FIGURE 12. Sine waves in LibreOffice Calc chart.

Wow! Would you look at that! Was that easy or what? We have suddenly become kings of data logging and charting. Now, let’s use what we’ve learned to chart some real data from the AHP fresh air controller.

Logging Data to an SD Card

SD cards can hold some serious data. And when I say serious, I mean SERIOUS. In our last installment, we learned to collect data using only the resources available on a raw Arduino. We saw how to use some tricks to collect a whopping 3,000 or so samples of data. We figured that was enough to keep track of the fresh air controller for about three days before needing to upload data to the PC.

If you use an SD card, you can collect gigabytes of data. GIGABYTES — like as in billions and billions and billions as Carl Sagan would say as he gazed his boggled eyes at the stars. I ran a quick and probably inaccurate comparison of using the raw Arduino versus a 2 GB SD card and figure I could save fresh air controller data for about 80,000 years. (That is just crazy.)

So, why on earth did we go to all that trouble squeezing a measly 3,000-ish samples into the raw Arduino when we can get so much space on a $5 SD card? Well, part of the reason is cost. Saving the data on the raw Arduino doesn’t add any extra expenses, while adding an SD card to an Arduino can cost about $20 when you include both the card and the required circuitry.

So, only you can decide if your needs warrant that extra expense. To me, it’s almost a no-brainer. If you are seriously into data logging, you need the SD card. [Oh, and the other reason for squeezing the data into a raw Arduino is that it was a good learning exercise. Admit it, you did learn some stuff.]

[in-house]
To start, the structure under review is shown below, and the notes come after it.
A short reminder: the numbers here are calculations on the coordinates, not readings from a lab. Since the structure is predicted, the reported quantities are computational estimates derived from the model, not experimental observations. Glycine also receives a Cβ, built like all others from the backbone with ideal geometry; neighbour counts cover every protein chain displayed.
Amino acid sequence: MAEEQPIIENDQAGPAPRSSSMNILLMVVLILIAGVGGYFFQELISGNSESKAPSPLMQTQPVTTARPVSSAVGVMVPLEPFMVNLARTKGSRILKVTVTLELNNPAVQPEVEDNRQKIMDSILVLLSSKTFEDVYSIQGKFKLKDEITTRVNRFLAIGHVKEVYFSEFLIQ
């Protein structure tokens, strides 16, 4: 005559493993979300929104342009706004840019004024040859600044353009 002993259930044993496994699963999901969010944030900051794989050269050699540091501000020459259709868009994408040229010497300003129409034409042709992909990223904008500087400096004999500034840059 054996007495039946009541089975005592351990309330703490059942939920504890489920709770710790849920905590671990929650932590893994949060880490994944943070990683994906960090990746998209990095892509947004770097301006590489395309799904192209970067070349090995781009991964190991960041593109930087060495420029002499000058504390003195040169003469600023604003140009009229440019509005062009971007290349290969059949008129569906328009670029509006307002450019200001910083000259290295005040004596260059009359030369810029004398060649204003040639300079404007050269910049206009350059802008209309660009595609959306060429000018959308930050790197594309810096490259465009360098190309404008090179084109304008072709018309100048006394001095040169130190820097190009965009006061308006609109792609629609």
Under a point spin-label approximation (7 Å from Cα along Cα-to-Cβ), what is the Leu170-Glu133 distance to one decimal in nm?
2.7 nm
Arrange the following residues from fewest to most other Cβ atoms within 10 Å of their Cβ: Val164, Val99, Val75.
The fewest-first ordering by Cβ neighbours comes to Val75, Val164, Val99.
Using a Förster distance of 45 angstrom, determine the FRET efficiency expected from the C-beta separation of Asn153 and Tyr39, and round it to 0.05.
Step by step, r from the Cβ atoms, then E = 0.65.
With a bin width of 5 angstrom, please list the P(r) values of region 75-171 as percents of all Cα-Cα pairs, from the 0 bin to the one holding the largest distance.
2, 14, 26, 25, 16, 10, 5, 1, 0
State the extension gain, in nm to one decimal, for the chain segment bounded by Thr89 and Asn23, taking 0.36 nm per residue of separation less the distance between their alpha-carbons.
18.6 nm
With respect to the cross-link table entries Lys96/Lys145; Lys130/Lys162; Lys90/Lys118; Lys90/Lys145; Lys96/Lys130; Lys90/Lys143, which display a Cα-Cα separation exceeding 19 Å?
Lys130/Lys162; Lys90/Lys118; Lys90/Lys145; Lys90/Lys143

An Arduino Data Logger Shield
I had an old AdaFruit Arduino data logger shield laying around (refer back to Figure 1), so that’s what I used with the AHP to develop and test the final software. AdaFruit discontinued that shield in favor of one that comes pre-made with surface-mount parts. That will do just fine, though you do miss the opportunity to inhale some solder fumes.

As you can see from the photo, I soldered the DHT22 sensors to the prototyping area with the sensors going to pins 8 and 9. Note this change from our last Workshop. I had used pins 10 and 11, but that conflicts with the signals needed for the SD card. So, I moved them.

Using an SD Card With the Arduino
Using the SD card is dead-nuts easy with the Arduino SD library. Just keep in mind that they use 3.3V for both the power and logic interface. They can use about 100 mA at times, and they can be fairly finicky about the logic signals.

Since the Arduino (in general) is 5V, you must have special voltage level-shifter circuits to translate between the two. You could roll your own connections, but there are many shields available with all the current and protection built in. For this article, I used an older data logger shield from AdaFruit.

My shield required that I solder all the through-hole parts on it, but the newer version comes ready to use. The shield has a real time clock built in, so we can get our datetime readings from it as we log our sensor data.

Like many things Arduino, we are blessed to have a library that does what we want to do with an SD card, and we are doubly blessed because the Arduino IDE (Integrated Development Environment) has several very useful examples for using the SD card.

Open the Arduino IDE and then click on the File menu button, then on Examples\SD\. You’ll see the six example files listed in Figure 13: Cardinfo, DataLogger, DumpFile, Files, listfiles, ReadWrite.

FIGURE 13. Arduino SD card examples.

These examples will provide the basis for us to build the SD card part of our data logger. You’ll want to use the Cardinfo example to make sure your SD card setup is working properly. When I first ran the program, I got the information in the Serial Monitor shown in Figure 14.

FIGURE 14. SD Example wrong chipSelect.